On Air Now

Upcoming Shows

Program Schedule »


Listen Live Now » 1360 AM Northeast, WI 97.5 FM Green Bay, WI


Current Conditions(Green Bay,WI 54303)

More Weather »
55° Feels Like: 55°
Wind: WSW 5 mph Past 24 hrs - Precip: 0”
Current Radar for Zip


Clear 42°


Mostly Sunny 68°

Thurs Night

Partly Cloudy 43°


Bag and film recycling efforts expanded


UNDATED (WSAU) -- Wisconsin’s Department of Natural Resources is joining a public and private effort to increase a certain type of recycling.

Cynthia Moore is the DNR’s recycling specialist. She says they are stepping up awareness so more people will recycle plastic bags and films.  “Most people are aware that they can recycle plastic bags, and we’re trying to get the awareness out that not only can you recycle plastic bags, but there are many other types of plastic film and wrapping that you can recycle.”

Moore believes part of the solution to getting more of these products recycled is making collection easier.  “We’re encouraging people to recycle, and we’re also encouraging local retailers and other business operations to serve as drop off collection points.”

Wisconsinites have been receptive to other types of recycling efforts, and Moore believes people will do a better job with bags and films if they just know what to collect and where to take it.  “We’ve seen that when you get the word out, people do participate. I think in Wisconsin, we have a strong recycling ethic, and people are usually very willing and happy to recycle if it’s easy and convenient.”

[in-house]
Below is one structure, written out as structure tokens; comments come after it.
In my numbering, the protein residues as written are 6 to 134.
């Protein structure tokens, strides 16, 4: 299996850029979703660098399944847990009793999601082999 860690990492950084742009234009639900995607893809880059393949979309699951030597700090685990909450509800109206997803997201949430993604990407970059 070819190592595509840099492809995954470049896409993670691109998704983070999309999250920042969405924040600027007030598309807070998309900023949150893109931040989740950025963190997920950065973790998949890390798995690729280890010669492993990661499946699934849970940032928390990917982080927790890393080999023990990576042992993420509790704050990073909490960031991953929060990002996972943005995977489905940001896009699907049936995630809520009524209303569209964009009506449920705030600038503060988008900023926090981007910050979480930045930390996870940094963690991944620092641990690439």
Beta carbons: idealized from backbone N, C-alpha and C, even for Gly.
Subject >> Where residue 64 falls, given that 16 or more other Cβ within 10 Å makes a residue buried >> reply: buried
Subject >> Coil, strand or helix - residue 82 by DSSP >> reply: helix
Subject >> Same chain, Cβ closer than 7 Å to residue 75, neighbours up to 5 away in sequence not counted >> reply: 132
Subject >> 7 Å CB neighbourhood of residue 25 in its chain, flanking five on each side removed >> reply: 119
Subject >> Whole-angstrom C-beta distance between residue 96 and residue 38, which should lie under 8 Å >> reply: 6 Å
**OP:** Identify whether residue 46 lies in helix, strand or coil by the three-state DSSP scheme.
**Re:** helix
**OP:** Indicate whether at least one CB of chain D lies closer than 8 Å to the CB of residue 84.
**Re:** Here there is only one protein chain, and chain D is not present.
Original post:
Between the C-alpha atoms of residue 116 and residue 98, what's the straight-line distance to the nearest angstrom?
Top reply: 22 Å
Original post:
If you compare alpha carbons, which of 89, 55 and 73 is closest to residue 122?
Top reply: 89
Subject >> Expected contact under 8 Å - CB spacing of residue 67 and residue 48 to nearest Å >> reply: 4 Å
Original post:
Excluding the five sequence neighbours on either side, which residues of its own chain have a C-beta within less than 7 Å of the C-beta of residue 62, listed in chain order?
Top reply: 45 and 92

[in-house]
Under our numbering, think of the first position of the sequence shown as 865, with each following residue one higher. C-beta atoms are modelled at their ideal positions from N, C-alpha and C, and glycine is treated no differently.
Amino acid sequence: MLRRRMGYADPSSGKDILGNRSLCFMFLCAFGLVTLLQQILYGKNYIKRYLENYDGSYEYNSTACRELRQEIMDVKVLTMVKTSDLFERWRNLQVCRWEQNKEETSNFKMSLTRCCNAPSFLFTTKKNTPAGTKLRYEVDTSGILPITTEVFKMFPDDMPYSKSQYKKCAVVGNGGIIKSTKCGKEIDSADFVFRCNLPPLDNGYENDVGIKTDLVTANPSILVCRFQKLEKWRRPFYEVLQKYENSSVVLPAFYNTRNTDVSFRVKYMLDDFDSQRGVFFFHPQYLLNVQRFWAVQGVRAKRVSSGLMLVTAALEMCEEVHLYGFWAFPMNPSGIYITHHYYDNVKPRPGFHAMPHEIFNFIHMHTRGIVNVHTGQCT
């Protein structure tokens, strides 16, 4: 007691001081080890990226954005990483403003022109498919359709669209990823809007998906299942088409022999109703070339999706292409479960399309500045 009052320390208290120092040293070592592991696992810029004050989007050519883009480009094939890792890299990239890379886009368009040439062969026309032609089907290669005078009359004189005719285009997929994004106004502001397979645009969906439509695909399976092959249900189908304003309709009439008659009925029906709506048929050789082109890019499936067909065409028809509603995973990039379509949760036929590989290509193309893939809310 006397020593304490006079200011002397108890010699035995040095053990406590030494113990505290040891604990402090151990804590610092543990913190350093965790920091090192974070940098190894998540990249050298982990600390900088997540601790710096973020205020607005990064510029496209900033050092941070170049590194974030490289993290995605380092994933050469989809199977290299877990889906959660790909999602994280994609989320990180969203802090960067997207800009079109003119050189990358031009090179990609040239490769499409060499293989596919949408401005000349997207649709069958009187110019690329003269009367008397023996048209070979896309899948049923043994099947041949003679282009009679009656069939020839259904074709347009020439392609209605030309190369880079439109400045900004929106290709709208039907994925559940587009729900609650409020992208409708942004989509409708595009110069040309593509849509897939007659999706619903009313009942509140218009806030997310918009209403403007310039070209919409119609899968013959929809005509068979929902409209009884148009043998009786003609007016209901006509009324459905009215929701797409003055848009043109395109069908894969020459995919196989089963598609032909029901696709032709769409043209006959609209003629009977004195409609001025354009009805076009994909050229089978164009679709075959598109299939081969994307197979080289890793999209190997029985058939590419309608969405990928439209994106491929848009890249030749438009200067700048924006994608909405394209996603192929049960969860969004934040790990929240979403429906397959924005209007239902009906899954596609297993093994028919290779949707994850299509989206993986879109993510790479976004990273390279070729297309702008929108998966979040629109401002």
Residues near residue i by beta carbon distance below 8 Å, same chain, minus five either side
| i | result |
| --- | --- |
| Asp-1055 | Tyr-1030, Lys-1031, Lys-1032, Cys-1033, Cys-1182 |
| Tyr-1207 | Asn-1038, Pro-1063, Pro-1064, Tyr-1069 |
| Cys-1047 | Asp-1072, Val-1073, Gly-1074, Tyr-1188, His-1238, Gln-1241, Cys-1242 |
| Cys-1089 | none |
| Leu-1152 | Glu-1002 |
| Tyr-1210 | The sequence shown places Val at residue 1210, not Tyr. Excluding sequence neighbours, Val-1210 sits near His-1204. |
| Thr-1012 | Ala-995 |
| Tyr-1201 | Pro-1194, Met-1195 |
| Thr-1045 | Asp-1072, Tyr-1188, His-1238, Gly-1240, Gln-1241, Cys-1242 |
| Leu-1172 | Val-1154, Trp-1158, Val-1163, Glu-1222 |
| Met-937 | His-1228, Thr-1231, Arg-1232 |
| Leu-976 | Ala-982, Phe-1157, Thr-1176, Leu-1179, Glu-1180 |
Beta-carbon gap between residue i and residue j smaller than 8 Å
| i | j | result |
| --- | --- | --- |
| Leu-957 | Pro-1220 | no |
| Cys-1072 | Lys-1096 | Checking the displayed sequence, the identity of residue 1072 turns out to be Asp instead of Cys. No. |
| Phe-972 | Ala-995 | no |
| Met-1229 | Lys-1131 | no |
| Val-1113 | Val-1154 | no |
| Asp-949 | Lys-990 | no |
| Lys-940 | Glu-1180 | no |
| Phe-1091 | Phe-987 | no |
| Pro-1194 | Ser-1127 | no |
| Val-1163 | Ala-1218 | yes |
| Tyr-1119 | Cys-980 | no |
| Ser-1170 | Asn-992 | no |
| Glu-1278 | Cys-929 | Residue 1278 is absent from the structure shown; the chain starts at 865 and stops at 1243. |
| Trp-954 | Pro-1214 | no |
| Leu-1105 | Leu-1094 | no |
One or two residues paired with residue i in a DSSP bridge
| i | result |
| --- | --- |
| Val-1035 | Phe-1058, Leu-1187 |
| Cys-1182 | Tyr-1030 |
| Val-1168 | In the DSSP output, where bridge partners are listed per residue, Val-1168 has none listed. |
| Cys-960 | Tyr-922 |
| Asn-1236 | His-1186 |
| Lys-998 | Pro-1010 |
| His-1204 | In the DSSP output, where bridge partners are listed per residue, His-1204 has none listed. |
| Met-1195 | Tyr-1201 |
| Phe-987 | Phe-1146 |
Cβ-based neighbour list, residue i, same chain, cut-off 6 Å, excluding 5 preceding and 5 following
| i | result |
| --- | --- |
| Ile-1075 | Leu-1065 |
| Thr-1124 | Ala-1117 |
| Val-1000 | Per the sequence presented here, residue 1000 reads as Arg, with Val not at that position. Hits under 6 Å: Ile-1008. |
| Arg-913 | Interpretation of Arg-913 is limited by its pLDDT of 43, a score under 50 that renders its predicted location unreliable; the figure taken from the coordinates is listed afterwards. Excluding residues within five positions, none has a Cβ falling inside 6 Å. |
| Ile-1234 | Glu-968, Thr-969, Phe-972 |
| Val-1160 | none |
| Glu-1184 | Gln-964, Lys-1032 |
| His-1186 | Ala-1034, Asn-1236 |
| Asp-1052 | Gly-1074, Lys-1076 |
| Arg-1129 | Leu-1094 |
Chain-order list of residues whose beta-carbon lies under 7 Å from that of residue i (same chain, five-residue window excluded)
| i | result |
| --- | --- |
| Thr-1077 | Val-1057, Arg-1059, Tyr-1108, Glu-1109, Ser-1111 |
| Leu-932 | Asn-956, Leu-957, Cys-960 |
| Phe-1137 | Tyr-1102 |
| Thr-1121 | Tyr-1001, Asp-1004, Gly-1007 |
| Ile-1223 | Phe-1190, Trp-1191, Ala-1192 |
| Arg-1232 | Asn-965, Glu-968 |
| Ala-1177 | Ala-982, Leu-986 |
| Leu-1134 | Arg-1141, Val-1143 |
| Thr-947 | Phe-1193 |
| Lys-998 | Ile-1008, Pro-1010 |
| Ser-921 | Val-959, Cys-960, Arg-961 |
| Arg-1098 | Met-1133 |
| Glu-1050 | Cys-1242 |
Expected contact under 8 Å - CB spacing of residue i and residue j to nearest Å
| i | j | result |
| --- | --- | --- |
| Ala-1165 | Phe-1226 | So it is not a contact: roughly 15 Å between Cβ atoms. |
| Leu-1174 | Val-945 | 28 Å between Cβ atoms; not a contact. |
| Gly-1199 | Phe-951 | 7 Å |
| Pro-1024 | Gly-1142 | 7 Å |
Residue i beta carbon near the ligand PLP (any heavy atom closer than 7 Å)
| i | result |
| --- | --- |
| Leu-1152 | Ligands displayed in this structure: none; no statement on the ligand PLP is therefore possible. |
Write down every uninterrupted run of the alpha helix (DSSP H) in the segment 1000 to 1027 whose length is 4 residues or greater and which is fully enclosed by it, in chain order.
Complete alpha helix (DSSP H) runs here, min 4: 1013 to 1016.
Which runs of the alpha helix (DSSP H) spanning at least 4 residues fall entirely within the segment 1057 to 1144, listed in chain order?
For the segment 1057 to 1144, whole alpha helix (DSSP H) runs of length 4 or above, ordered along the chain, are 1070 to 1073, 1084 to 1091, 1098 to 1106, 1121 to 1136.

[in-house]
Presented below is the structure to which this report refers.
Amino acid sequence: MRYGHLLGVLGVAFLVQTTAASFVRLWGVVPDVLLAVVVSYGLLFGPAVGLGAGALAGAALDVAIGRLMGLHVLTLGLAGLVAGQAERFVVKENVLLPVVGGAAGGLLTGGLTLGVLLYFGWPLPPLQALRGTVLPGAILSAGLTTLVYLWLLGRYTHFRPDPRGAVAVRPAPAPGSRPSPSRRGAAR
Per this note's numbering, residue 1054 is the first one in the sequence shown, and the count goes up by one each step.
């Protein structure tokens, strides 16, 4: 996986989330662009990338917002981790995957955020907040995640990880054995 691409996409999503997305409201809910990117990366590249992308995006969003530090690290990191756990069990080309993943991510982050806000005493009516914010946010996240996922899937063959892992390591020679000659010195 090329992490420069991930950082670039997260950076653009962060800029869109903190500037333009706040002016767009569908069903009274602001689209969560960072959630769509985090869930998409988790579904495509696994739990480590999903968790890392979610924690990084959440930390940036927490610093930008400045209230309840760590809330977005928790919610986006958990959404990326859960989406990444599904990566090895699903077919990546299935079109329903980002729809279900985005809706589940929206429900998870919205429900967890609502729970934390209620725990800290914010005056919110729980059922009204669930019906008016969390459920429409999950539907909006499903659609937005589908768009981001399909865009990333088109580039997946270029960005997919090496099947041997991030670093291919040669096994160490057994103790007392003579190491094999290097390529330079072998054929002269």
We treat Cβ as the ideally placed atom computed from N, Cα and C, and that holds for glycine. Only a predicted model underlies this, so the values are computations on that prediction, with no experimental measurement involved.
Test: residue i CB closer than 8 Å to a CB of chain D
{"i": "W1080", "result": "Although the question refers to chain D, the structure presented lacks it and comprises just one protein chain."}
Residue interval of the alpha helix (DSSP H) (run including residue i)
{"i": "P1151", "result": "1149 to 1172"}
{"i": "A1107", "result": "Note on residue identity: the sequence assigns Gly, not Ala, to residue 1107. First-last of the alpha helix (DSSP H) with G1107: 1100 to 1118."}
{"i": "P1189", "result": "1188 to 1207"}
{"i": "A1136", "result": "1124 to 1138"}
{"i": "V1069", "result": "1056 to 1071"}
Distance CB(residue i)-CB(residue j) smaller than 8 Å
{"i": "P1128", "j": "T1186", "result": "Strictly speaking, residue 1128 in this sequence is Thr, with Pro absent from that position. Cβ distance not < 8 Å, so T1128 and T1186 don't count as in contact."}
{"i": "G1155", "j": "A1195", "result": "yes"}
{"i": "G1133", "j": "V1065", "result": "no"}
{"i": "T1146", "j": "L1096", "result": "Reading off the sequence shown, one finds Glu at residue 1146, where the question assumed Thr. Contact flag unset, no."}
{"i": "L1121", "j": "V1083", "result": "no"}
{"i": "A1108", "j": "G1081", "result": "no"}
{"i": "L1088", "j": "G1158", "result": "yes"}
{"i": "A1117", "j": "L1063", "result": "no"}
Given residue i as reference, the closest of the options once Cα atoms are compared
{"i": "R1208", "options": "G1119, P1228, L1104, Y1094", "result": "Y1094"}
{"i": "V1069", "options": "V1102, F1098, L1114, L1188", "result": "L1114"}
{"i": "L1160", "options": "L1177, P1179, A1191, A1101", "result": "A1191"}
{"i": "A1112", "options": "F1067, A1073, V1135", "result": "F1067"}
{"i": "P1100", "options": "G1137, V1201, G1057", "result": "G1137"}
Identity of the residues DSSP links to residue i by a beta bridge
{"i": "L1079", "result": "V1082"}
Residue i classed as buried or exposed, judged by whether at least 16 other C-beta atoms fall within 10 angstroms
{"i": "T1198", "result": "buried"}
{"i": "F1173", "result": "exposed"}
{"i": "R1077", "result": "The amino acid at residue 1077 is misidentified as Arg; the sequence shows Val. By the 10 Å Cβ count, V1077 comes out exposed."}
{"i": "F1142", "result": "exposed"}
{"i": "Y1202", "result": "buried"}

Part of the new effort is to educate individuals and businesses about the types of plastics that are recyclable. Moore says if it stretches, it’s probably recyclable.  “Wrap for tissue paper, dry cleaning bags, bread bags, clean dry produce bags, so there are a lot of bags and a lot of wrap that you encounter every day that is very recyclable. The important thing though, is that it’s clean and dry, and preferably does not have adhesive labels on it.”

Moore says the key is to have clean and dry materials collected, since contaminated products have a low value and are difficult to work with. She says to keep other types of plastics separate, such as plastic bottles.

Along with shopping bags and food bags, most shrink wrap film and bubble wrap is recyclable as long as it’s clean. Many businesses already collect the bags and films. The DNR website has more information about recycling.

The American Chemistry Council’s Flexible Film Recycling Group and the GreenBlue Sustainable Packaging Coalition are working with the DNR to expand this area of recycling. Moore says a five week pilot program in southeast Wisconsin utilizing more collection points and a radio information campaign was very successful.

(Listen to our interview with Cynthia Moore on our website, here.)